“I loved my experience as a student.”


Abqurah, English graduate, University of Leicester

“I hadn’t studied English literature at A-level, but I had studied English language and wanted to go deeper into the process of looking at language used in books and how this affects literature," says Abqurah.

“My degree helped me develop my critical thinking skills. Working through texts made me analyse deep into the elements and different circumstances and conditions that could be considered by just one word or tone. 

“I also developed my prioritisation skills because of the multiple deadlines we could have. I used to-do lists to help work through these.

“I loved my experience as a student, and all the different elements I learned or expanded upon. I thought the lecturers were fantastic and they were always available to chat.”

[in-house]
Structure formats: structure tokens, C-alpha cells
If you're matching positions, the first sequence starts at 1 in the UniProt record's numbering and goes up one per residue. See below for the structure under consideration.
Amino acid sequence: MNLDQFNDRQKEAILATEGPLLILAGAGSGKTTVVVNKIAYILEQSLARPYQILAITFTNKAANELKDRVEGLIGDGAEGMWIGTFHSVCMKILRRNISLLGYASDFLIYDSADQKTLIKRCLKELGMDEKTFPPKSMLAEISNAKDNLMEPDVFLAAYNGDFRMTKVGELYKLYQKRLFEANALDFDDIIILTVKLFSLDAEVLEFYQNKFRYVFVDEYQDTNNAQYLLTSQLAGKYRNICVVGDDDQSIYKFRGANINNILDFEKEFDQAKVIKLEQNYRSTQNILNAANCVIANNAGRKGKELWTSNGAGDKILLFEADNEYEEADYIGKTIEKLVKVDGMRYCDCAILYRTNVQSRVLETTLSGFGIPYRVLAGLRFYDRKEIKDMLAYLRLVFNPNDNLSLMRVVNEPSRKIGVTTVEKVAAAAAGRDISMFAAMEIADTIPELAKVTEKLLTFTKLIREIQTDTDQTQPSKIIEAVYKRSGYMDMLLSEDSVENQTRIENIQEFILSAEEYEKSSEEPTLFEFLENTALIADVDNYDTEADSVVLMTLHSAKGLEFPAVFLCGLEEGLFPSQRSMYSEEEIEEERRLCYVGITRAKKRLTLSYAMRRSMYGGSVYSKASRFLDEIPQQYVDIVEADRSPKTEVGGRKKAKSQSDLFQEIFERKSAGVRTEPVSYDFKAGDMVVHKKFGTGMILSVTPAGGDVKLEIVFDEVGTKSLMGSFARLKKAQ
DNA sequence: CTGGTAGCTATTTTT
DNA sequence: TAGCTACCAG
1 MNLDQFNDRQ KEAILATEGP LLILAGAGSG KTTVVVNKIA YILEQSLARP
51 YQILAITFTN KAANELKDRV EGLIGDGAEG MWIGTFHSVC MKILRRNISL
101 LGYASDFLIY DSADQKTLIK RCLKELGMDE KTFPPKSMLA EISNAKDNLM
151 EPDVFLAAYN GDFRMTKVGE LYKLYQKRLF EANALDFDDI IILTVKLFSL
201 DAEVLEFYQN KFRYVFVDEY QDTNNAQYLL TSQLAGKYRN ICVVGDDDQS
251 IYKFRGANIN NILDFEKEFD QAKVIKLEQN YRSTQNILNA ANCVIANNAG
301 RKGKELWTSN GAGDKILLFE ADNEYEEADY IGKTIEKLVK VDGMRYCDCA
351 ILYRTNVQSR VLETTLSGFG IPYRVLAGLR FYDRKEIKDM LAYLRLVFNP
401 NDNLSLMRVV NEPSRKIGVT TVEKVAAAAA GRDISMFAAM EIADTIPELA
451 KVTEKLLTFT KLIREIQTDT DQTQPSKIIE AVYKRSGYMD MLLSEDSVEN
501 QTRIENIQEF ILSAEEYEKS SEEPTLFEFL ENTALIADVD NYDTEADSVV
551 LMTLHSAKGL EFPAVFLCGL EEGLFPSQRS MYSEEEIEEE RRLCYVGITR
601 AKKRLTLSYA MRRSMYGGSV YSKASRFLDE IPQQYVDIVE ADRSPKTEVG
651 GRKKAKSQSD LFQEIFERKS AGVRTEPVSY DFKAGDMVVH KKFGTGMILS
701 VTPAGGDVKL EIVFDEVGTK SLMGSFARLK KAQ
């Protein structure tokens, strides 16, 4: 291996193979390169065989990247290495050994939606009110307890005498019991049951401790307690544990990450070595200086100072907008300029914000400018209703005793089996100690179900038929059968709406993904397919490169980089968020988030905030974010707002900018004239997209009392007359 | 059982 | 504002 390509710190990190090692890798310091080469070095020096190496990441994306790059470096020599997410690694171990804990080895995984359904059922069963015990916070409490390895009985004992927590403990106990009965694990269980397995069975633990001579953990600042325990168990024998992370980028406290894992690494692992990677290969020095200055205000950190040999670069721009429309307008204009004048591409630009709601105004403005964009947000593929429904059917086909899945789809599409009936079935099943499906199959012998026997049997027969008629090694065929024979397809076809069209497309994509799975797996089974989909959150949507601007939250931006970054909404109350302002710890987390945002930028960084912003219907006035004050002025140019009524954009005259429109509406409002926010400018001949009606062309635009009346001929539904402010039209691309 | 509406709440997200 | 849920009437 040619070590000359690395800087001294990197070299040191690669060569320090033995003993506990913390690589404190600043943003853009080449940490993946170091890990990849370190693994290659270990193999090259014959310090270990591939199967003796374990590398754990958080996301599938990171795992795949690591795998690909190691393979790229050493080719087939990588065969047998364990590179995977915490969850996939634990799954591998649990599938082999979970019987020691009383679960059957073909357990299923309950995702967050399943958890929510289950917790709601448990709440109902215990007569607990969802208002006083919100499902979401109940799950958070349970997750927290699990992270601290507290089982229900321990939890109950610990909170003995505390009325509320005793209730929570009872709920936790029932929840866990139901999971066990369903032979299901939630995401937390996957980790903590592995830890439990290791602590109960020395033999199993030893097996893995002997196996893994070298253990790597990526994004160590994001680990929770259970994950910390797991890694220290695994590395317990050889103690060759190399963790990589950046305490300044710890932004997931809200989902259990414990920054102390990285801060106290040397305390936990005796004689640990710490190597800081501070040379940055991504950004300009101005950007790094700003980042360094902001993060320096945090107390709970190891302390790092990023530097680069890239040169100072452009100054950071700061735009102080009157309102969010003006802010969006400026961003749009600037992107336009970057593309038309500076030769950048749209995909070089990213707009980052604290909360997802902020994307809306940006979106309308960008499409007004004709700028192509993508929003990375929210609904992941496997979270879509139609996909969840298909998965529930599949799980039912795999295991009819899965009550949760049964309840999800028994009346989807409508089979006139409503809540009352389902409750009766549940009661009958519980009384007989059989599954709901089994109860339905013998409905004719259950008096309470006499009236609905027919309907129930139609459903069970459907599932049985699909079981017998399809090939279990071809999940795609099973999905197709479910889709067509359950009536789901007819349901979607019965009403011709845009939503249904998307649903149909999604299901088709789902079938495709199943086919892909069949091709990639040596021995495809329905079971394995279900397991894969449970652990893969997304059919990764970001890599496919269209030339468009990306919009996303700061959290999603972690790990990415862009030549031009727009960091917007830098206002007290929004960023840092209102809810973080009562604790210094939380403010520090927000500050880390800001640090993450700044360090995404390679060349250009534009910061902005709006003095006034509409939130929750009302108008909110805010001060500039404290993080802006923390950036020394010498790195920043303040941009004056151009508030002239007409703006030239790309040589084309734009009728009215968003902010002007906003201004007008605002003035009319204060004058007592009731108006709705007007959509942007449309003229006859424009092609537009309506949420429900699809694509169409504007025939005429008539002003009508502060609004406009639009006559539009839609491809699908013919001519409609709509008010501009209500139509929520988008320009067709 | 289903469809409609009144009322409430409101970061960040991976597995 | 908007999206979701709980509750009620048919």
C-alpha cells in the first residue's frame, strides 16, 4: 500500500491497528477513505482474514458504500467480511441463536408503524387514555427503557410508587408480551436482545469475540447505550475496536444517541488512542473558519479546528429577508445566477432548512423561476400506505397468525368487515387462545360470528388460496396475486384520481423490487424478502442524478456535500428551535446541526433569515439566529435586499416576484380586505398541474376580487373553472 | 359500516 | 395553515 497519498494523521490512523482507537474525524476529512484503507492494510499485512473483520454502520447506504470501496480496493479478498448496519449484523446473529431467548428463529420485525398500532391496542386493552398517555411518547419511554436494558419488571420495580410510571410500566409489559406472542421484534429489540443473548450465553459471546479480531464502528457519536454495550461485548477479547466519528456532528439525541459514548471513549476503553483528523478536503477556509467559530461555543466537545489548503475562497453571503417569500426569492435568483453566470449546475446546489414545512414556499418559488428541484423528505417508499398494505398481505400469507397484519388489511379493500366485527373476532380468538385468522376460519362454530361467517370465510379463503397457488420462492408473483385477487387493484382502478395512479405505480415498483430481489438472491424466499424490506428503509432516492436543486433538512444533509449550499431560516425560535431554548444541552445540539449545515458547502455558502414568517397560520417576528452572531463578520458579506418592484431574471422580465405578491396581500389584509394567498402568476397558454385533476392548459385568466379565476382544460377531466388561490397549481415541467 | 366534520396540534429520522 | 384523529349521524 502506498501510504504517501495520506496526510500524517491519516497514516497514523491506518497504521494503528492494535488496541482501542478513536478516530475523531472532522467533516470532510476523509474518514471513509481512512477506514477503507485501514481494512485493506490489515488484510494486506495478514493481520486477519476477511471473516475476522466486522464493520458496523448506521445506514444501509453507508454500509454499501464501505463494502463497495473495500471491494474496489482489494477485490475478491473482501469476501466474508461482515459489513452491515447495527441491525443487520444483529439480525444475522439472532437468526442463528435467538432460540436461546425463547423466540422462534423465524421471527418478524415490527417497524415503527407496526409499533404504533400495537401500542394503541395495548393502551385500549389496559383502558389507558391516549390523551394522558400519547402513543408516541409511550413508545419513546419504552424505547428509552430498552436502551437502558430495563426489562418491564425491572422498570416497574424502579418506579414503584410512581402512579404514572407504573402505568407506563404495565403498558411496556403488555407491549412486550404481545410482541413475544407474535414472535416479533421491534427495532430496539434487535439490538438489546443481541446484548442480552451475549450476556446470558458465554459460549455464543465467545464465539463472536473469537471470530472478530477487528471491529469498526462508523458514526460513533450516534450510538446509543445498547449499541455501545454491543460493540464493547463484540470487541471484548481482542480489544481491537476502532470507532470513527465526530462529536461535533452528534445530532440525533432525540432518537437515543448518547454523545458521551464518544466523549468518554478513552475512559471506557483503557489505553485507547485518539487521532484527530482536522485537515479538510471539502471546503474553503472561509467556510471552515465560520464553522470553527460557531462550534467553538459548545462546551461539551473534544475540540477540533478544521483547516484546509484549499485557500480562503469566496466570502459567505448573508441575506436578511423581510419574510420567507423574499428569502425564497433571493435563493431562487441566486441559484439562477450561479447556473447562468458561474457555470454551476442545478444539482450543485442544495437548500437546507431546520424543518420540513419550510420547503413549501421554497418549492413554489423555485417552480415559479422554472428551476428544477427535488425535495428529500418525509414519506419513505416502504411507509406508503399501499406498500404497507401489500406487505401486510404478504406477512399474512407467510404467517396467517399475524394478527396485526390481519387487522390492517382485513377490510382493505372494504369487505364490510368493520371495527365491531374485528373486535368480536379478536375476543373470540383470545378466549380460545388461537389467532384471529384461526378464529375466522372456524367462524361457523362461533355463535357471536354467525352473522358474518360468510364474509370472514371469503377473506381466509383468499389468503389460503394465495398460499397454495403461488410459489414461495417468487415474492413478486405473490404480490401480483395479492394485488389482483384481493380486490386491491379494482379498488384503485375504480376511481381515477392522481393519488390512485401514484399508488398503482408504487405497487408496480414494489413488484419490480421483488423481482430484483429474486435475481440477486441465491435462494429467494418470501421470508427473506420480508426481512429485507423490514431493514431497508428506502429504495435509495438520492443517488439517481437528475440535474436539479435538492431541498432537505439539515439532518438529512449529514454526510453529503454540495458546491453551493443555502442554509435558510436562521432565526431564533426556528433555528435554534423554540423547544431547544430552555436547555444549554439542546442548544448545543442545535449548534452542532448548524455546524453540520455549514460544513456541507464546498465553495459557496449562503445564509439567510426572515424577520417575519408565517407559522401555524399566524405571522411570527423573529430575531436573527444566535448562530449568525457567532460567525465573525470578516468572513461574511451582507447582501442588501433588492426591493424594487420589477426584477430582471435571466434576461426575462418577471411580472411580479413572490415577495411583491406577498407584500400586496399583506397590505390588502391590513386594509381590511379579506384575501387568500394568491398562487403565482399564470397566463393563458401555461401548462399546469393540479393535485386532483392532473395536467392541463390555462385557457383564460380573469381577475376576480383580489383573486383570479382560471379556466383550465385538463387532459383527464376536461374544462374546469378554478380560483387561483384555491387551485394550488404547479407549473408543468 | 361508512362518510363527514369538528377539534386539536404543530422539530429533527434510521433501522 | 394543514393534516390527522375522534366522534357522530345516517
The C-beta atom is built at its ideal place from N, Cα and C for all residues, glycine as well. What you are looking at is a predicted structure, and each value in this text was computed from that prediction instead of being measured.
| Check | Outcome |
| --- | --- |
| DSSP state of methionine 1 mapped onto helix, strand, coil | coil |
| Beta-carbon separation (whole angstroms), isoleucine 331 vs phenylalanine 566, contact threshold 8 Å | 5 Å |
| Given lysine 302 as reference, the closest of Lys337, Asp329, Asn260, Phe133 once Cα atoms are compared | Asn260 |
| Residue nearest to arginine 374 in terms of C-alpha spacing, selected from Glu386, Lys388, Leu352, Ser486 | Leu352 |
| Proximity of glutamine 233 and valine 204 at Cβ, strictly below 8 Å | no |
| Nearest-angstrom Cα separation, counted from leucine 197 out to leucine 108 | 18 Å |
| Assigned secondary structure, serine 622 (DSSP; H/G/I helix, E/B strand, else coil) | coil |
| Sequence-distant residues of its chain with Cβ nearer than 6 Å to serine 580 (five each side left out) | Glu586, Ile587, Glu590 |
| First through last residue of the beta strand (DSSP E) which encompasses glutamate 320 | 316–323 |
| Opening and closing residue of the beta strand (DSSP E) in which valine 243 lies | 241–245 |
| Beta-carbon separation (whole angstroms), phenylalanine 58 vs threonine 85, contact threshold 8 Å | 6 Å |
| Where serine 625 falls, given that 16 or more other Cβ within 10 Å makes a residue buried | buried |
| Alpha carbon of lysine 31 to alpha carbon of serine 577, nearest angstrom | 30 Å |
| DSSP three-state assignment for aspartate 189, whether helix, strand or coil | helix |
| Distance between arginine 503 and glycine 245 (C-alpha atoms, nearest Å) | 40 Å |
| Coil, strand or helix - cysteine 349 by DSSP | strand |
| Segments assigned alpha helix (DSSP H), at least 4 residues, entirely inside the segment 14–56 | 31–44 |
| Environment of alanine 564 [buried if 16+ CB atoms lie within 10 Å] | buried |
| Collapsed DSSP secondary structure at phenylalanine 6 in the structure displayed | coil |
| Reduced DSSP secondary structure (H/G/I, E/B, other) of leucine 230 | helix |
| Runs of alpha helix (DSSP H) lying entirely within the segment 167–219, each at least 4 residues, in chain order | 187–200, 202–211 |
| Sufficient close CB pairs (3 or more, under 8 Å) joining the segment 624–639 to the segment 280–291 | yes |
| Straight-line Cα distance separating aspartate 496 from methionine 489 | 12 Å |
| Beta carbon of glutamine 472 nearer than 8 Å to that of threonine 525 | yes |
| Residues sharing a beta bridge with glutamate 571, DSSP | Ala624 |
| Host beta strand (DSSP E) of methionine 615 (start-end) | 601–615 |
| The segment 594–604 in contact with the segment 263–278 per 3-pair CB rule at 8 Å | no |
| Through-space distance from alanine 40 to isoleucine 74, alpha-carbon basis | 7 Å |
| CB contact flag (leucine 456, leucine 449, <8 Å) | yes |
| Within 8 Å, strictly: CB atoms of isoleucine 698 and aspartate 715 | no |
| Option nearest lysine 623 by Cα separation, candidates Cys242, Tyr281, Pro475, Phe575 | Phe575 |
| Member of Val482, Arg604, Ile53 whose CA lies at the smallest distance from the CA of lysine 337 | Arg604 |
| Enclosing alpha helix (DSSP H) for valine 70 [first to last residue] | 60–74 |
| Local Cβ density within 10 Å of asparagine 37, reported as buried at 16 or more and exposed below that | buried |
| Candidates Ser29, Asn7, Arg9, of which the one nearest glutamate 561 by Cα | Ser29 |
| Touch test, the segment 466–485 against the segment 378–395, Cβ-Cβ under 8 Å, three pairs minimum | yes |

“I’ve gained more than I could have expected from my degree.”


Anna, history student, University of Leicester

“Before starting [my history degree], I felt the course would help develop my research and writing skills," says Anna. "Additionally, I was keen to find an opportunity to gain some archaeological experience and develop contacts and experience.

“I’ve gained more than I could have expected from my degree. I’ve been taught how to write in an academic style and have felt supported by my tutors at every stage. They have always been keen to help, even when the question I have falls outside their field. 

“I have learned how to research and have gained experience in a variety of areas including archaeology, conservation, curation and helping the general public in a historical setting.

“I’ve loved the opportunities I have had – for example going on an archaeological dig and studying in Denmark for a year. I have also enjoyed studying in an academic setting with friends who share my interests.